South Sudan: Sheltering the Vulnerable


CARE International in Uganda reaches out to the most vulnerable in the emergency response following the recent influx of thousands of South Sudanese Refugees into northern Uganda. 

CARE provides shelters; each built with a latrine and refuse-pit, to persons with special needs living in the Rhino Refugee Settlement. An integrated approach ensures that CARE targets primarily women heads of households, single mothers, separated children the elderly, and the disabled. The onset of the emergency in December 2013 was marked by waves of new arrivals of South Sudanese Refugees into the Rhino Refugee Settlement in the West Nile region of Uganda. Many refugees slept under trees while others were seen erecting makeshift shelters using old fabric materials and sticks. CARE gears its emergency response towards improving the living conditions of those most vulnerable, particularly women and children refugees who make the majority of the population found in clusters within the settlement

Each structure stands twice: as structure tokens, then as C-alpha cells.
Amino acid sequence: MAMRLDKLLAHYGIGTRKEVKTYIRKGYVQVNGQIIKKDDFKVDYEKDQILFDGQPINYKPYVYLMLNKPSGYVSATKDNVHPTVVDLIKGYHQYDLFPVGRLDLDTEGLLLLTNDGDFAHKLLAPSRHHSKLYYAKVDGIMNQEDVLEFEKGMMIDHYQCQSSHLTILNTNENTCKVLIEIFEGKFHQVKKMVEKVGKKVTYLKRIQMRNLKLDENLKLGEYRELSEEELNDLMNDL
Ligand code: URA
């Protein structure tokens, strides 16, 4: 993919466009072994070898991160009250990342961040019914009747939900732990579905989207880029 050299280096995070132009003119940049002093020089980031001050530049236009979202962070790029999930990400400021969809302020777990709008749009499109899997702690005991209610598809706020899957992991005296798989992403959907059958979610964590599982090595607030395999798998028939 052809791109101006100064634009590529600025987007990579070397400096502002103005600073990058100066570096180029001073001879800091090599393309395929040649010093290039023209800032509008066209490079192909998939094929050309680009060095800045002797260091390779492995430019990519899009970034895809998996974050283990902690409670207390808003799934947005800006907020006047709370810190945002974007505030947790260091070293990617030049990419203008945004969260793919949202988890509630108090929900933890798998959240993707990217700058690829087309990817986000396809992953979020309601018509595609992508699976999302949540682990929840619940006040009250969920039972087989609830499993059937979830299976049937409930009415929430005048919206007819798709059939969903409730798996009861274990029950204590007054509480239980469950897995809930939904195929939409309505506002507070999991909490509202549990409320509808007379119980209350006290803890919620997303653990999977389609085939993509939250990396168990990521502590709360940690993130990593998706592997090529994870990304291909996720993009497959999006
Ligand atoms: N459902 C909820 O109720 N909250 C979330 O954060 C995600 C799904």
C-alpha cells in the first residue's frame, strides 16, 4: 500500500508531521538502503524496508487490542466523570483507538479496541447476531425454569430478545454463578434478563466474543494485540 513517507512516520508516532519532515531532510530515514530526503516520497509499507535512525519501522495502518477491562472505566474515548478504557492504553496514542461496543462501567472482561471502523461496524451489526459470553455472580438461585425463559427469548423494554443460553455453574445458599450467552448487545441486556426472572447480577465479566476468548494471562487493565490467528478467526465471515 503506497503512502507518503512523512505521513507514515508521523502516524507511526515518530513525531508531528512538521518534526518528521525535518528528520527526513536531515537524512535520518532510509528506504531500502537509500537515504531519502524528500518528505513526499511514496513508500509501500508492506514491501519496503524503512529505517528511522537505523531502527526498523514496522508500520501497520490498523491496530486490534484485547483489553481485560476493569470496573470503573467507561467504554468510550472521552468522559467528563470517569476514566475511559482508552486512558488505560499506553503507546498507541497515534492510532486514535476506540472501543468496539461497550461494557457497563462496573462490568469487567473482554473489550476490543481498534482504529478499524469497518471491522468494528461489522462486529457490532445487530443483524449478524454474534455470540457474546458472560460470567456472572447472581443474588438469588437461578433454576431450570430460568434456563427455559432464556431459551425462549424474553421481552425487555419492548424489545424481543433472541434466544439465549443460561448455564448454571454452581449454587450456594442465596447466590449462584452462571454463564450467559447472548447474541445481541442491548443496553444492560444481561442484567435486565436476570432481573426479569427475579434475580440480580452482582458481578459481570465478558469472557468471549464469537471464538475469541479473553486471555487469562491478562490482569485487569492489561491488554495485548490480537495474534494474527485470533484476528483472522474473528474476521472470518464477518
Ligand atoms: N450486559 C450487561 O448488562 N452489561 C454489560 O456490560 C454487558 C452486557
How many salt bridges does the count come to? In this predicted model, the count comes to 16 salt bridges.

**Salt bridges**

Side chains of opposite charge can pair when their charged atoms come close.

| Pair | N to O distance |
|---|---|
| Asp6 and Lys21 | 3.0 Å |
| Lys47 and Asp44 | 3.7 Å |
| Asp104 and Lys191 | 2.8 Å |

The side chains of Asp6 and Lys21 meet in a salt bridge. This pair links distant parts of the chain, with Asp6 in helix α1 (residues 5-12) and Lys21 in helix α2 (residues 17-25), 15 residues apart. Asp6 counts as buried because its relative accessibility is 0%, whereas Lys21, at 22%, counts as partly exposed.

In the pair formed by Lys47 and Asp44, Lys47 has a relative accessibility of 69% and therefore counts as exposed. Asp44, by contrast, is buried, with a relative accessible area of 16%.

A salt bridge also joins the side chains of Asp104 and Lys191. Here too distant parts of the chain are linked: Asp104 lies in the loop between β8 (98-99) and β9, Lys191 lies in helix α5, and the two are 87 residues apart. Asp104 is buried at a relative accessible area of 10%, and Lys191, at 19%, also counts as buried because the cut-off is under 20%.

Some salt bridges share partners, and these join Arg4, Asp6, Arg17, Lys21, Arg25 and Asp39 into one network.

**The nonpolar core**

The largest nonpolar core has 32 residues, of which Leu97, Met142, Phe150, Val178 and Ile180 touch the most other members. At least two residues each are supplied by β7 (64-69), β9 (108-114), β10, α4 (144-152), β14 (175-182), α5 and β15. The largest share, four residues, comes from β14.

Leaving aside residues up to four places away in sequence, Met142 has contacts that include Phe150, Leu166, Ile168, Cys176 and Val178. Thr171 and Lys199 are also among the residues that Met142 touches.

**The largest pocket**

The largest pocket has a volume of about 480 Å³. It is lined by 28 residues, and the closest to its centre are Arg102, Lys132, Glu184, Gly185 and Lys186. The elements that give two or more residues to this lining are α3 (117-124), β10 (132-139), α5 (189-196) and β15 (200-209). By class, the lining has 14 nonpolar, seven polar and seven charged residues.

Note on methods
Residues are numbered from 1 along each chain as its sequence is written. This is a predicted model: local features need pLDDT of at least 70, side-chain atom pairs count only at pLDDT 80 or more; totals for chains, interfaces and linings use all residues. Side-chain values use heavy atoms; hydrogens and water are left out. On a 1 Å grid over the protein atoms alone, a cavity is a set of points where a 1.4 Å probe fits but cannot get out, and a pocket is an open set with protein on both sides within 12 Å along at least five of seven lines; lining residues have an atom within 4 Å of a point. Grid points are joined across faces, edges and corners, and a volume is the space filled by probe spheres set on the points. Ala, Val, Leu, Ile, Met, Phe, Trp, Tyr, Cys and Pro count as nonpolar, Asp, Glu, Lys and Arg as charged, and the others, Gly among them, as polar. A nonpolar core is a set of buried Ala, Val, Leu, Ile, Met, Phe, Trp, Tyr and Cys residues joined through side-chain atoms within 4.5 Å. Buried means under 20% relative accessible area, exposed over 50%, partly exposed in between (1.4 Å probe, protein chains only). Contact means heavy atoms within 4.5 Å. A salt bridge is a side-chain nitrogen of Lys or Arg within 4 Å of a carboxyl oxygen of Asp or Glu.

Steven Gai is 27 years old and lived in Juba, South Sudan when he had to flee the fighting that erupted in the city in late 2013. After a transit in Adjumani, in the West Nile region of Uganda, he finally reached the Ocea Refugee Reception Centre in Arua district, where he found himself alone, having left his relatives in South Sudan.

Steven used makeshift crutches, before receiving a wheelchair in 2005 while being a refugee in eastern Kenya. He has been using the same chair ever since. 


Today, Steven lives in his shelter home provided by CARE, situated near the office where he volunteers. Now he can better access the services available in the refugee settlement. His new role as a Hygiene Promoter allows him to develop new relationships and be a more effective community leader. Steven says, 

“CARE provided me with a newly built shelter, repaired my wheelchair, and trained me to be a Hygiene Promoter. I am recognized as being one of the leaders of the refugee community because I help people.”